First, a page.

IPWireless Fattens Its Wallet
In fact, one of the carriers that has been trialing the IPWireless technology with real users has noted reach of almost 30 kilometers. In early October, New Zealand data service provider Walker Wireless embarked on a trial, jointly funded by Vodafone New Zealand, with 450 users. Four IPWireless base stations were set up at high locations around Auckland, giving good coverage of the business district, some residential suburbs, and industrial areas.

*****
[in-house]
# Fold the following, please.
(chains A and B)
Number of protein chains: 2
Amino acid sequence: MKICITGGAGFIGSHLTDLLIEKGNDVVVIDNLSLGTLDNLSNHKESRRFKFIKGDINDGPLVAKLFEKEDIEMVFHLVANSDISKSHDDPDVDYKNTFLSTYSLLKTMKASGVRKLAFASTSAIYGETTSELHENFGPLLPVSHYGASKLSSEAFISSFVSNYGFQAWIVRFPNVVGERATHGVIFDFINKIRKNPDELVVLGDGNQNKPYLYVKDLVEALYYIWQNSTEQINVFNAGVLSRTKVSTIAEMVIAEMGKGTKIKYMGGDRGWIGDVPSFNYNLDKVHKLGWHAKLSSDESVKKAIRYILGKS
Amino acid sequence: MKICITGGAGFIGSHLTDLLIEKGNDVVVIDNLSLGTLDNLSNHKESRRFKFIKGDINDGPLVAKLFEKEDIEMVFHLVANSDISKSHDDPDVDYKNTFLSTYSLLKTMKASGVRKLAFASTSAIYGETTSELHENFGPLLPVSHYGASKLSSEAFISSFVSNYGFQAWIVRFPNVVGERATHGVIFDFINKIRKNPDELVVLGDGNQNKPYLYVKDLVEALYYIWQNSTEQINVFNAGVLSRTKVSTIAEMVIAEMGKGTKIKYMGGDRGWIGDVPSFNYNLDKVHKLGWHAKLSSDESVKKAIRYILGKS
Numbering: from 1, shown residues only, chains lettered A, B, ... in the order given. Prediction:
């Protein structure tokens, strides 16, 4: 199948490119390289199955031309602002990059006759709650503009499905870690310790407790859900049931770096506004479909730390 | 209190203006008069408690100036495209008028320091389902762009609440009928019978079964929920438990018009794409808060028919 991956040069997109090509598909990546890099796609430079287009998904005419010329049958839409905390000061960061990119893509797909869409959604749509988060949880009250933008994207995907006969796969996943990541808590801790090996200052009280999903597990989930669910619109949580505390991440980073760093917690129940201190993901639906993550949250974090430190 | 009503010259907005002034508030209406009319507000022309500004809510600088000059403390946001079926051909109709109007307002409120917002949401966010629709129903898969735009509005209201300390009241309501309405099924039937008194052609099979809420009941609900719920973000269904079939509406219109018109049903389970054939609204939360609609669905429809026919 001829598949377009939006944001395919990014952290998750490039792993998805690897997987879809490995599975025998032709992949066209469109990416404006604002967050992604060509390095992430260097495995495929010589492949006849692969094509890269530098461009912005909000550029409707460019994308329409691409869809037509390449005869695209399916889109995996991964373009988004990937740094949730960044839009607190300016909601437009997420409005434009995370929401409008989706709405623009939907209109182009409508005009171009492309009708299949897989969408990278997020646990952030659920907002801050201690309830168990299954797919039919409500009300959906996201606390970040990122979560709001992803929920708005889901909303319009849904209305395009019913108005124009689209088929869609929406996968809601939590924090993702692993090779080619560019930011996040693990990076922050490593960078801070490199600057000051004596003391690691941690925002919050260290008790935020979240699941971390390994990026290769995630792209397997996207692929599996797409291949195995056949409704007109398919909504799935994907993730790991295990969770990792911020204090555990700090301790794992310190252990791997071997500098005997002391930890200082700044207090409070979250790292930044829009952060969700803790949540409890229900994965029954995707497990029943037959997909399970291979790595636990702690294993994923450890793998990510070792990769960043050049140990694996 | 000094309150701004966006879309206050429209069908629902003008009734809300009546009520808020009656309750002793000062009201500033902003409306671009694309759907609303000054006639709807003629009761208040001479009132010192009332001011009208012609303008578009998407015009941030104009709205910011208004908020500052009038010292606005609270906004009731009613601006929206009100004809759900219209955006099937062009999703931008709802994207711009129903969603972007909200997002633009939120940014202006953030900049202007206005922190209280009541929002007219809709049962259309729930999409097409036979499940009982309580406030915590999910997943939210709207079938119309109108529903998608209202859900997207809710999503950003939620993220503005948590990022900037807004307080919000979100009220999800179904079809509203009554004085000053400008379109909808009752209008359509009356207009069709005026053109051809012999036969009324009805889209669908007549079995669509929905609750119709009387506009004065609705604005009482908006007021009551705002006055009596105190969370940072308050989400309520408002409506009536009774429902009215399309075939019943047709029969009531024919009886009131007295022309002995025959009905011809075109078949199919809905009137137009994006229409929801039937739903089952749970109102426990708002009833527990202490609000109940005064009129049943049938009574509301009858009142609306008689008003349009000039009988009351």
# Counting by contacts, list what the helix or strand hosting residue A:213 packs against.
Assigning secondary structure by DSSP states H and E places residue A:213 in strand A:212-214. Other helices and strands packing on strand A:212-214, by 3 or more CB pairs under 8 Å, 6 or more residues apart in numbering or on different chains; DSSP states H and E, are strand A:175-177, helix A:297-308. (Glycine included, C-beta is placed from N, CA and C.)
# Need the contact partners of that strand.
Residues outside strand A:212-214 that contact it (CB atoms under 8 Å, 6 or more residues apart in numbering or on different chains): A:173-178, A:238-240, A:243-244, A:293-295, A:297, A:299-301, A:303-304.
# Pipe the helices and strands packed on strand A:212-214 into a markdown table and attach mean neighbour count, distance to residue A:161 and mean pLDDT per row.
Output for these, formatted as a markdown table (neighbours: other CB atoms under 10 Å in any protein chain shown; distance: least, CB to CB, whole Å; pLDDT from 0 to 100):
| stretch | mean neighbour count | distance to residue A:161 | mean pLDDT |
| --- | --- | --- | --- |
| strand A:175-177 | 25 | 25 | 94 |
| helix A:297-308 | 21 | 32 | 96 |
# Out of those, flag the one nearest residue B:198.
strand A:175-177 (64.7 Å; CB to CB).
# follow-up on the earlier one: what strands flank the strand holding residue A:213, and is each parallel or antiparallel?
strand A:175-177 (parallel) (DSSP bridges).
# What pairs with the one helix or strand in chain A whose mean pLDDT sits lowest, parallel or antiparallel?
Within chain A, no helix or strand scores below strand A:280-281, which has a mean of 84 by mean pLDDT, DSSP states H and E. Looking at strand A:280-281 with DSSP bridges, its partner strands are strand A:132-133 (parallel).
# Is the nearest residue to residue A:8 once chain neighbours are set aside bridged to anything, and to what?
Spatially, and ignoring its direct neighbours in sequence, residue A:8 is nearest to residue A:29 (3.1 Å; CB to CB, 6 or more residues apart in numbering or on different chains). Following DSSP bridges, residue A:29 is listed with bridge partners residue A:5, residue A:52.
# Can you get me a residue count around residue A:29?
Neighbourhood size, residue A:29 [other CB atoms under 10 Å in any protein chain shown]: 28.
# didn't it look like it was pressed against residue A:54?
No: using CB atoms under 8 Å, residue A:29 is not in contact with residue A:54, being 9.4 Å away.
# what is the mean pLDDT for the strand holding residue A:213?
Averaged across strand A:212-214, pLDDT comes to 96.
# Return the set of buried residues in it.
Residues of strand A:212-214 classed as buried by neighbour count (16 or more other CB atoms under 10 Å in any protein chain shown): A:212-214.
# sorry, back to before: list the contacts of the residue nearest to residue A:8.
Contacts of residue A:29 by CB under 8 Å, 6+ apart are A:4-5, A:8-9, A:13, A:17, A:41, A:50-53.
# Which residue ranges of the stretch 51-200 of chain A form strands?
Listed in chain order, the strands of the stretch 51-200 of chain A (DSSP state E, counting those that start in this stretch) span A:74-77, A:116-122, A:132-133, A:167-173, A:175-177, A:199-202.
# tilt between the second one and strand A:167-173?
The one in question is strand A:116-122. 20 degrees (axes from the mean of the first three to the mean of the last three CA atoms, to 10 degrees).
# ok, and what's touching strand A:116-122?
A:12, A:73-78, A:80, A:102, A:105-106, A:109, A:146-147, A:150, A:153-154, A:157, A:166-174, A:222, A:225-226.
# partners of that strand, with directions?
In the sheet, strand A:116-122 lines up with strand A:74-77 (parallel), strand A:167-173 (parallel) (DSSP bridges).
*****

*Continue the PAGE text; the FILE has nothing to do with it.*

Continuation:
"We have had residential and business users that self-registered for the service, and who have used a wide range of services and applications, from personal Internet access to VPN access to corporate data," Walker CEO Bob Smith tells Unstrung. "In a nutshell, it works." The trial users have used IPWireless modems, hooked up to a PC or laptop via an Ethernet or USB cable. Smith says data access has been achieved by people using the trial service out at sea up to 30 kilometers from a base station. He also says his company is now starting to "transition those on the test deployment to becoming paying customers. We always had a view to going commercial with this service." Walker plans to offer a flat-rate tariff for low-level residential users, as well as other pricing structures involving a flat fee plus a per-megabit charge for business customers. Smith is full of praise for the technology. "I have been in telecoms for 14 years, and this has been the best trial, the most successful project I have undertaken." Analysts at Deutsche Bank AG also praise the technology, though they "do not expect a lot of activity in this space until the overall industry improves (hopefully in our lifetime). It is encouraging to witness a demonstration of an attractive option for both UMTS and MMDS spectrum holders," they said in a research note. The latter reference is applicable for the U.S., where the IPWireless technology uses 10MHz of MMDS spectrum (2.5 GHz). Gilbert hopes to win a contract from MMDS license holder Sprint Corp. (NYSE: FON) to add to its deals with Clearwire Technologies and WorldCom Inc. (OTC: WCOEQ) (see IPWireless Flies the TDD Flag). "We are up against Navini Networks Inc. in the U.S., but we never come across Flarion," says Gilbert. "Flarion's technology is proprietary -- it's good, but proprietary. You need standards-based technology to get anywhere," he stresses. And Flarion, one of Unstrung's Top 25 Startups, just like IPWireless, is not the only target of Gilbert's dismissive tongue. He describes the homegrown 3G technology development in China, TD-SCDMA, as "a sham. There are no products and there is no reason why anyone would want them. It will never take off." There could be some wishful thinking at play here, as TD-SCDMA (time-division synchronous call-division multiple access, for those hung up on words) is also a TDD technology, and IPWireless has hopes of selling its own kit in China, as well as elsewhere in Asia. "We have engagements in China, as well as elsewhere in Asia, but we simply can't reveal any details at the moment," says Pittick. If the company is good to its word, though, it will be naming names -- carrier customers and OEM partners -- quite soon. — Ray Le Maistre, European Editor, Unstrung www.unstrung.com